where parametric functions f(x,y,z) and g(x,y,z) are defined by the present day geographic coordinates x and y. The level surfaces of the functions f(x,y,z) and g(x,y,z) are typically vertical planes whose intersections are vertical lines. Such a definition implies that, contrary to the uvt transformation above, under the xyt transformation the IPG lines in G space 104, i.e., the set of points in G space 104 which were deposited at the same coordinates f(x,y,z) and g(x,y,z) i.e., the same coordinates x and y, are vertical straightlines continuous across the faults. Such an approach may provide for example the following drawbacks:

 In the presence of a reverse fault, several particles of sediment modeled in the present day model 108 in G space 104 and located at multiple intersections of a vertical straightline through (x0,y0) and a horizon H(t) will have exactly the same paleogeographic coordinates (f(x,y,z)=x0,g(x,y,z)=y0,t). Accordingly, the xyt transformation models these multiple distinct particles of sediment in exactly the same location in the xyt transformed space. This is clearly an error since two distinct particles of sediment observed today in G space cannot have been deposited at the same location and time.
 In the presence of a normal fault, a vertical line through (x0,y0) may intersect the fault and not intersect a given horizon H(t). As a consequence, the point (f(x,y,z)=x0,g(x,y,z)=y0,t) in the depositional xyt transformation space may have no reverse image by reverse xyttransform back to the present day G space. This induces holes in the depositional xyt transformation space. This is clearly an error since each particle of sediment observed today in G space must have been deposited and therefore must exist somewhere in the depositional xyt transformation space.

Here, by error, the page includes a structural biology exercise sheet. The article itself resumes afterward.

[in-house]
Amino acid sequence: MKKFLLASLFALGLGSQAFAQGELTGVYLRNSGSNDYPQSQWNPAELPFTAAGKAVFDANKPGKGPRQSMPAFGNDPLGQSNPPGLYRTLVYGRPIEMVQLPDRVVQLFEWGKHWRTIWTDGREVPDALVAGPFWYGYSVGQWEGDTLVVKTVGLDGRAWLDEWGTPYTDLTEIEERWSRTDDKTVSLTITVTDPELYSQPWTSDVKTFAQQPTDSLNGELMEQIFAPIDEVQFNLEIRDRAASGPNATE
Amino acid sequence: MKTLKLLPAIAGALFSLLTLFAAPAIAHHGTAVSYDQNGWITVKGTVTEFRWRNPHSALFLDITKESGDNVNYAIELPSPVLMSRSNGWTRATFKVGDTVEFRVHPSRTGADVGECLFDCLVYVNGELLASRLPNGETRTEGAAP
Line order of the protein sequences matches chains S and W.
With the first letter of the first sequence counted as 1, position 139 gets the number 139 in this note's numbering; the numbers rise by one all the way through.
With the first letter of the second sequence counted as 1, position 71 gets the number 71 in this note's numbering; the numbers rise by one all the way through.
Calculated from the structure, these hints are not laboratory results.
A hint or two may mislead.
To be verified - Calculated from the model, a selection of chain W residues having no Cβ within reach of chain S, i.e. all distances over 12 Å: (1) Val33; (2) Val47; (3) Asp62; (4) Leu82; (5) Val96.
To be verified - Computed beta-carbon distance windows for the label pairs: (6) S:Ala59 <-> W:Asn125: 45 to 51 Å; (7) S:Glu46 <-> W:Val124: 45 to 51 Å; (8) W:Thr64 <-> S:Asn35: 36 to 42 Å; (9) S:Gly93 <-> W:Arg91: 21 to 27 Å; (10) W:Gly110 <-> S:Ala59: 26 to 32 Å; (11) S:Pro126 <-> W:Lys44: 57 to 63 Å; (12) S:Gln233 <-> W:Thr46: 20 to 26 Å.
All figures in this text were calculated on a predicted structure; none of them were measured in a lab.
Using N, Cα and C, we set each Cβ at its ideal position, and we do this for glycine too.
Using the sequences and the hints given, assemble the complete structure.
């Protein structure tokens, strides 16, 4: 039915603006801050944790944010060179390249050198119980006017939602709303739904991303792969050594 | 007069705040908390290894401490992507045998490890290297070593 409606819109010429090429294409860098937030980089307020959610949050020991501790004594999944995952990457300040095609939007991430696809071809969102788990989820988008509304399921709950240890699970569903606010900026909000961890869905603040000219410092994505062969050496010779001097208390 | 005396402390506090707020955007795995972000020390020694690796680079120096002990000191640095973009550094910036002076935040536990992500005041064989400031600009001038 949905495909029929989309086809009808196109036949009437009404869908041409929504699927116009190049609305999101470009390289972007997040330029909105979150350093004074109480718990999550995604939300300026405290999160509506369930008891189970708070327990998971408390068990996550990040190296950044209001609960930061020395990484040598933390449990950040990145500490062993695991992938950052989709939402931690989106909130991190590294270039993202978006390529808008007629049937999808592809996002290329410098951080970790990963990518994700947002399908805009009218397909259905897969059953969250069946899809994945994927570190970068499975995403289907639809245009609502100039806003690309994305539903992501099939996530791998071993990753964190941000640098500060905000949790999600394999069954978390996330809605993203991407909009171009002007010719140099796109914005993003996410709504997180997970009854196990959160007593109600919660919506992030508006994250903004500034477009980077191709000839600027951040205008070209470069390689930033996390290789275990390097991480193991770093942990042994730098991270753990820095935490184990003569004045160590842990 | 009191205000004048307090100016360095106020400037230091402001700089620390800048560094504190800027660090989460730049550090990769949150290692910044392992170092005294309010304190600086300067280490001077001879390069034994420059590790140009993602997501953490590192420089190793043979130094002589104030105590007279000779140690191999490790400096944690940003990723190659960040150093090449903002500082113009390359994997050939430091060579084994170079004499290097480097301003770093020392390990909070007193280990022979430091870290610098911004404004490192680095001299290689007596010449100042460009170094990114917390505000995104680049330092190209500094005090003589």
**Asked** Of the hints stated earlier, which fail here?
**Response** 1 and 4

Since under the xyt transform, reverse faults in the present day model generate duplicate points in the depositional model and normal faults in the present day model generate holes in the depositional model, only perfectly vertical faults in present day models may be correctly modeled at the time of deposition. Since vertical faults are extremely rare, the xyt transformation is highly inaccurate.